Colabella says of 233 Hillspoint, “What is there now is a bullet wound. What is proposed, dumps salt into the wound.”

The new proposal is subject to approval by the Zoning Board of Appeals.’

For many years, 233 Hillspoint Road was a restaurant. The most recent tenant was Positano. (Photo/Fred Cantor)

24 responses to “233 Hillspoint: The Saga Continues

  1. Joanne Romano

    That is truly an abomination and does not belong along that small strip of roadway. It looks like every last piece of property is consumed by an over sized box. I’m sure the neighbors are thrilled

  2. Adam Vengrow

    One piece of the story here is that the previous team of architects and builders parted ways from the homeowner and project. Vita Design Group, who has a phenomenal reputation in town, are trying to help the bad situation, and find a solution that everyone is happy with. This is a mess all around and VDG was brought in to fix the problems, and every neighborhood VDG usually touches comes out pretty awesome!

    • Hal Kravitz

      I agree that the Vita Design Group has done excellent work in our town! However, the problem here is, even someone of their caliber will find it impossible to put lipstick on this pig they’ve inherited. If the owners would tear it down and start over as they should given the problems this has caused our neighborhood and community, I am confident that the Vita Design Group would design a high quality home in keeping with the aesthetics and charm of the neighborhood.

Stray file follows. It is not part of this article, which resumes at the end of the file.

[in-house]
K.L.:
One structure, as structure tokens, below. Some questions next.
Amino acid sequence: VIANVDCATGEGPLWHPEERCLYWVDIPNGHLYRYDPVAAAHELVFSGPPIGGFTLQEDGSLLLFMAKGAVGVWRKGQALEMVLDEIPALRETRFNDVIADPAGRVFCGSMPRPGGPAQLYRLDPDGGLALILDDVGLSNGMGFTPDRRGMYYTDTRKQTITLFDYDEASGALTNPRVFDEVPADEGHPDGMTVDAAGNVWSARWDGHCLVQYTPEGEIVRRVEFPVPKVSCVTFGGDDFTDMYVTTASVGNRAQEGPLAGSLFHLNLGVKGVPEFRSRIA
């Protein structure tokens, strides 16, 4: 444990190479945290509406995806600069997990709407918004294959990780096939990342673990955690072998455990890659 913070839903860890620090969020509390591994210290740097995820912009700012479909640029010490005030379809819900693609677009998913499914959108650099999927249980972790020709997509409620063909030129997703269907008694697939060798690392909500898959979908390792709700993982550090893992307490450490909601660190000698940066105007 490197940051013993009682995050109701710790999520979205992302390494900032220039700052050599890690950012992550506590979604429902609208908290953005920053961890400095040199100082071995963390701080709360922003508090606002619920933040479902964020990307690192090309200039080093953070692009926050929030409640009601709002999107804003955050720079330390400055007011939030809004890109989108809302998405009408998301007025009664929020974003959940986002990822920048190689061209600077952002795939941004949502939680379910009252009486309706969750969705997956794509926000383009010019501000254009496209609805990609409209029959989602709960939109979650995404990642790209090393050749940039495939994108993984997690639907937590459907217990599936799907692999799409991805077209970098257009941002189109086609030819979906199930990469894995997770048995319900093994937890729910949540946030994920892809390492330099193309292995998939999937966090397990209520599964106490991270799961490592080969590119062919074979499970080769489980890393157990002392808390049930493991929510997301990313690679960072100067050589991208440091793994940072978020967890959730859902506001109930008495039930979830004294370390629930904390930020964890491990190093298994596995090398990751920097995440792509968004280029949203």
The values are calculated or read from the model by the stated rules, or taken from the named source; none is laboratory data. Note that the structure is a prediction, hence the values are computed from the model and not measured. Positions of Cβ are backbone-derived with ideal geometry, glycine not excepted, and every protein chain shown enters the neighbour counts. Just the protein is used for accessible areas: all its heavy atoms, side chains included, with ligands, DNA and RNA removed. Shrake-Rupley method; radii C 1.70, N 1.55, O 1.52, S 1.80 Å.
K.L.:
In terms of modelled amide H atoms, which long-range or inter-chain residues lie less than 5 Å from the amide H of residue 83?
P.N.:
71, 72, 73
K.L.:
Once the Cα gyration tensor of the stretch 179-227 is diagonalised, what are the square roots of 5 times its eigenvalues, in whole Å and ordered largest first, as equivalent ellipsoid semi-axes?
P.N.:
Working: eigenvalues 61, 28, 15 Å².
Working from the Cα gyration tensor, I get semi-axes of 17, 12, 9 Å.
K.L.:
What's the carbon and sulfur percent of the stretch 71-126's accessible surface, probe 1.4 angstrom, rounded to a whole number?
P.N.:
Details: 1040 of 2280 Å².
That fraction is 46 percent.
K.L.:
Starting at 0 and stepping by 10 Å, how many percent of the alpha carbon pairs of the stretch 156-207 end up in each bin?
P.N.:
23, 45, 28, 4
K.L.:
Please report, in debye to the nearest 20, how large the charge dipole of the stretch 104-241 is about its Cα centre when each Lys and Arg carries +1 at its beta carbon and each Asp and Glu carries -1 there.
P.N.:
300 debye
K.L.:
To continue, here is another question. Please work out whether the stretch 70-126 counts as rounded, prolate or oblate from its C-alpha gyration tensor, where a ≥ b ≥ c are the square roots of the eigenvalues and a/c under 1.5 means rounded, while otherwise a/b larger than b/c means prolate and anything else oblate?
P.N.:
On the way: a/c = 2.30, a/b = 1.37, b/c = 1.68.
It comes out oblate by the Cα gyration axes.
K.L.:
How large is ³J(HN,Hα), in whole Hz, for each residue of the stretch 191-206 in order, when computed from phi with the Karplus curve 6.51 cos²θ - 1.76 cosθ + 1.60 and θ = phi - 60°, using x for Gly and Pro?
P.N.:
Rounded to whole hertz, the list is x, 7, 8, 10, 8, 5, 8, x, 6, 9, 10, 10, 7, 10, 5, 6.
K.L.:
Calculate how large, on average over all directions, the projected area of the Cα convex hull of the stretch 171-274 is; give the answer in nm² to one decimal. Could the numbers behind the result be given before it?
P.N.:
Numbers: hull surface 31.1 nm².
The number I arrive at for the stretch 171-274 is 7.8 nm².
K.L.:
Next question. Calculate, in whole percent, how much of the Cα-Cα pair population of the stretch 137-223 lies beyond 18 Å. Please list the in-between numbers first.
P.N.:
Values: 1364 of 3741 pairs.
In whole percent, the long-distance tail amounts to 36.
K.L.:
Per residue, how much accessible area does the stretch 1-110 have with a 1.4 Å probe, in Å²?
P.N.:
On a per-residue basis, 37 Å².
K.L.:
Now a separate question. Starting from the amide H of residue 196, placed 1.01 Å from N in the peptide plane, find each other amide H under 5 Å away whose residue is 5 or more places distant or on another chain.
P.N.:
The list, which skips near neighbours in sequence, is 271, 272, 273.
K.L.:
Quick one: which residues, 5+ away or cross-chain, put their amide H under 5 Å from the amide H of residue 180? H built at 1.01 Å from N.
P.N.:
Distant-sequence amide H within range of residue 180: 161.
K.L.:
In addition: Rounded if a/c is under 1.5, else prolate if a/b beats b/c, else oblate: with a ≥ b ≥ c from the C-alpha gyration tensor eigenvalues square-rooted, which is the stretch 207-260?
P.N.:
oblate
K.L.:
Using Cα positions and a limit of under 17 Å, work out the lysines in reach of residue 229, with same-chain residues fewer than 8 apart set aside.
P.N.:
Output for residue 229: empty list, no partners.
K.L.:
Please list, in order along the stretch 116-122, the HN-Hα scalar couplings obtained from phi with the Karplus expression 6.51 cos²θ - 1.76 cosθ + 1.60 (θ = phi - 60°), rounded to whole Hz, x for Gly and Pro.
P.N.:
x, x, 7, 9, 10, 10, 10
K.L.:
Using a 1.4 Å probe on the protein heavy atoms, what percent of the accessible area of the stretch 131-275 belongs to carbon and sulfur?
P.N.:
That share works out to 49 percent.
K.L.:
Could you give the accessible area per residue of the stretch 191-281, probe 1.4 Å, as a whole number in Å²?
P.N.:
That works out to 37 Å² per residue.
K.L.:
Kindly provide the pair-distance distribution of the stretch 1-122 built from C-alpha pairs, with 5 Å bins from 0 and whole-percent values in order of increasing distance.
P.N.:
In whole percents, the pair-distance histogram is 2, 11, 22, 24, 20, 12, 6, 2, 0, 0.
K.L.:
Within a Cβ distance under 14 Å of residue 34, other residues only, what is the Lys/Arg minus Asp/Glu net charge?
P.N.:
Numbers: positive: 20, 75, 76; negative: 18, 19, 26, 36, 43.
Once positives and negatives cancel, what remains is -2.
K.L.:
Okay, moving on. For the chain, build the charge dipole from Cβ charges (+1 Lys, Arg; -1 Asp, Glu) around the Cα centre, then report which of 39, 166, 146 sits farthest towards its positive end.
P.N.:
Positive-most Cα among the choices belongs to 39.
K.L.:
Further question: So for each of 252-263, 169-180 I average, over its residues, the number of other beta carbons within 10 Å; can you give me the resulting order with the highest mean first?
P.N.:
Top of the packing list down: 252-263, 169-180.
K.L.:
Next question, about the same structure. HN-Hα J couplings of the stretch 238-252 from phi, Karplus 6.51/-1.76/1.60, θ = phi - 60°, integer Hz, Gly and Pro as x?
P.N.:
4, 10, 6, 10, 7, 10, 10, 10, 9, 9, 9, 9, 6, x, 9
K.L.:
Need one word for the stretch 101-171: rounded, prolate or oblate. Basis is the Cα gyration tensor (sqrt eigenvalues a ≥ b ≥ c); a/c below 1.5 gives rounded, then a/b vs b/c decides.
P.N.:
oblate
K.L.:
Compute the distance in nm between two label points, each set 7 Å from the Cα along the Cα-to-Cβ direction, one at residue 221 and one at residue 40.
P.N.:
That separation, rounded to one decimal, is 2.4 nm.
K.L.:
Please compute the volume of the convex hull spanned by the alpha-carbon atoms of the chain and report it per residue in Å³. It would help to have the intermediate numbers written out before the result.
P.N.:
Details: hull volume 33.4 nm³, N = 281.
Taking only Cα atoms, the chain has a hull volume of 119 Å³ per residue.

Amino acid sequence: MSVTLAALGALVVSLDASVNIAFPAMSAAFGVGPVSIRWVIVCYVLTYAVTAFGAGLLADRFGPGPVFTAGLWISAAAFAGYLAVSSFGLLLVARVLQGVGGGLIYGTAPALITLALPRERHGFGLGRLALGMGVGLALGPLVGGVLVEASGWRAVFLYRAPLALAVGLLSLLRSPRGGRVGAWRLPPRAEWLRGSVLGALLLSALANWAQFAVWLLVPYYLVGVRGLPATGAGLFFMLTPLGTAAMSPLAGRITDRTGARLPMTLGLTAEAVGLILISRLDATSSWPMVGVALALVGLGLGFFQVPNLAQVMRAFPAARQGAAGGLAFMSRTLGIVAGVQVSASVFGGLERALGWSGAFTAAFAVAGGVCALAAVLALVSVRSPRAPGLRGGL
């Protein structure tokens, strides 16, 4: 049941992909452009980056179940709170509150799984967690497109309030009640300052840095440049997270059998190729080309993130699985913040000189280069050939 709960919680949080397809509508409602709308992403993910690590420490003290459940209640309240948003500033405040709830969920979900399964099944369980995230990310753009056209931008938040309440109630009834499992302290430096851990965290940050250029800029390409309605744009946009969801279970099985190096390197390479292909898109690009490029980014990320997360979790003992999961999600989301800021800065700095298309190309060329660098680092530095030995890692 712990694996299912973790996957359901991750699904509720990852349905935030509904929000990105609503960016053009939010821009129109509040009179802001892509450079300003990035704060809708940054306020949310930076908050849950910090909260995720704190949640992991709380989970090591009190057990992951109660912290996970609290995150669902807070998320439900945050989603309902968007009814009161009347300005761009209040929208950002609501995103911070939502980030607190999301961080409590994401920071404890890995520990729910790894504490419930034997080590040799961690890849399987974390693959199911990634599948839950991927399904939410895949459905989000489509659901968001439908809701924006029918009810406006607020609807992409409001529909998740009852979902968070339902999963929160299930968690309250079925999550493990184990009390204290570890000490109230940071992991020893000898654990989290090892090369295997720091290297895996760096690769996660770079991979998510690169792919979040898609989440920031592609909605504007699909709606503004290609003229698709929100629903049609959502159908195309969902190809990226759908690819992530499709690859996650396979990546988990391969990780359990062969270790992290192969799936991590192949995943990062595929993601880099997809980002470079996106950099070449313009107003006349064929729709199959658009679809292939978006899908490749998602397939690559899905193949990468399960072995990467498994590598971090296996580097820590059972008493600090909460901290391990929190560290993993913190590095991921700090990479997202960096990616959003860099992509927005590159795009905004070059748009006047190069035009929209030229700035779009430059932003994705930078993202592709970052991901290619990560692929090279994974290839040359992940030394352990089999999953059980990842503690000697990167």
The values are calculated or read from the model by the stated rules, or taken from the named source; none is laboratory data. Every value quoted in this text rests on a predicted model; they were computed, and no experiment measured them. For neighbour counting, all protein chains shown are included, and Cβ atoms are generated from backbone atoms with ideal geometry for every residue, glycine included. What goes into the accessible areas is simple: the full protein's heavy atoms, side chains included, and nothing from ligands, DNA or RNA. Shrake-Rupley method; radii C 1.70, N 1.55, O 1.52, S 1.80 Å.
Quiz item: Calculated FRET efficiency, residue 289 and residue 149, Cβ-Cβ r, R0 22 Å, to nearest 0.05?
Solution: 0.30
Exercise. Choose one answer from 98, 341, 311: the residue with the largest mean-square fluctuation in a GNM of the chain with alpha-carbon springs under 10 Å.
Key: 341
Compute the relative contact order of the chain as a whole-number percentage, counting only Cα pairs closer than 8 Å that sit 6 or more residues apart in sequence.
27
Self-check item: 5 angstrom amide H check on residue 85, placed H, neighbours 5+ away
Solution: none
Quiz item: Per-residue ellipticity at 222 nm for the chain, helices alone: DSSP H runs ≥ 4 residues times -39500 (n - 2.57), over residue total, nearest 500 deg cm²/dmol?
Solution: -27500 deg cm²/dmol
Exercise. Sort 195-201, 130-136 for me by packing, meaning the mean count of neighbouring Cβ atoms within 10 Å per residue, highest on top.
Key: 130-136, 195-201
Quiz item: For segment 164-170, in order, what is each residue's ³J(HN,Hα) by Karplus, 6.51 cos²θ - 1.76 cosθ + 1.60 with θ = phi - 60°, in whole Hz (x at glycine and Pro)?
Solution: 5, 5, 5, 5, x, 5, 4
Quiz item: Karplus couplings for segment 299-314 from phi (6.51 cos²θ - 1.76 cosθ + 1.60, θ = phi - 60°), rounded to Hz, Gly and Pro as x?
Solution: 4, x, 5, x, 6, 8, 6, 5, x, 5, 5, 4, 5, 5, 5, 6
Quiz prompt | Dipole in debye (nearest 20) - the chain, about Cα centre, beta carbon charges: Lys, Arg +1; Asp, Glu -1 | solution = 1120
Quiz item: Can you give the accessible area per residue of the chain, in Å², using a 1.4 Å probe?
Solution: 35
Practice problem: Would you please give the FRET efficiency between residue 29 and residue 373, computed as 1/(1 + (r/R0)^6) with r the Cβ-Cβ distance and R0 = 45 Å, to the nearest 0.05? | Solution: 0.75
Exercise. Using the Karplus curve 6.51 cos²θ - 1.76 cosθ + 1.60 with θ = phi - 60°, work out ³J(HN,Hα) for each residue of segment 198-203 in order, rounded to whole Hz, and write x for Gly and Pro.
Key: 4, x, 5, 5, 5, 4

• Jack Krayson

      Adam,,,have you visited the ‘home’ VDG designed on the corner of Old Road at N. Bulkley? What did this VDG vulgarity add to our neighborhood? Zip

  3. Morley Boyd

    I recall that Vita ruined the once lovely little 19th century building (the former Knitting Shop, Corner Spirit Shop, etc.) at the corner of Wilton Road and PRW. It now looks like the runner up in a late 50s Popular Mechanics design contest for teens. The firm clearly didn’t understand the building.

  4. Virginia Jaffe

    Every time I drive by this obvious eyesore and ridiculously proportioned building, given it’s location, it is like being slapped around the face by a very selfish person shouting ‘I will do what I want to do and I don’t care how many people it negatively impacts’! How it got passed through Town Planning and Zoning in the first place, is extraordinary.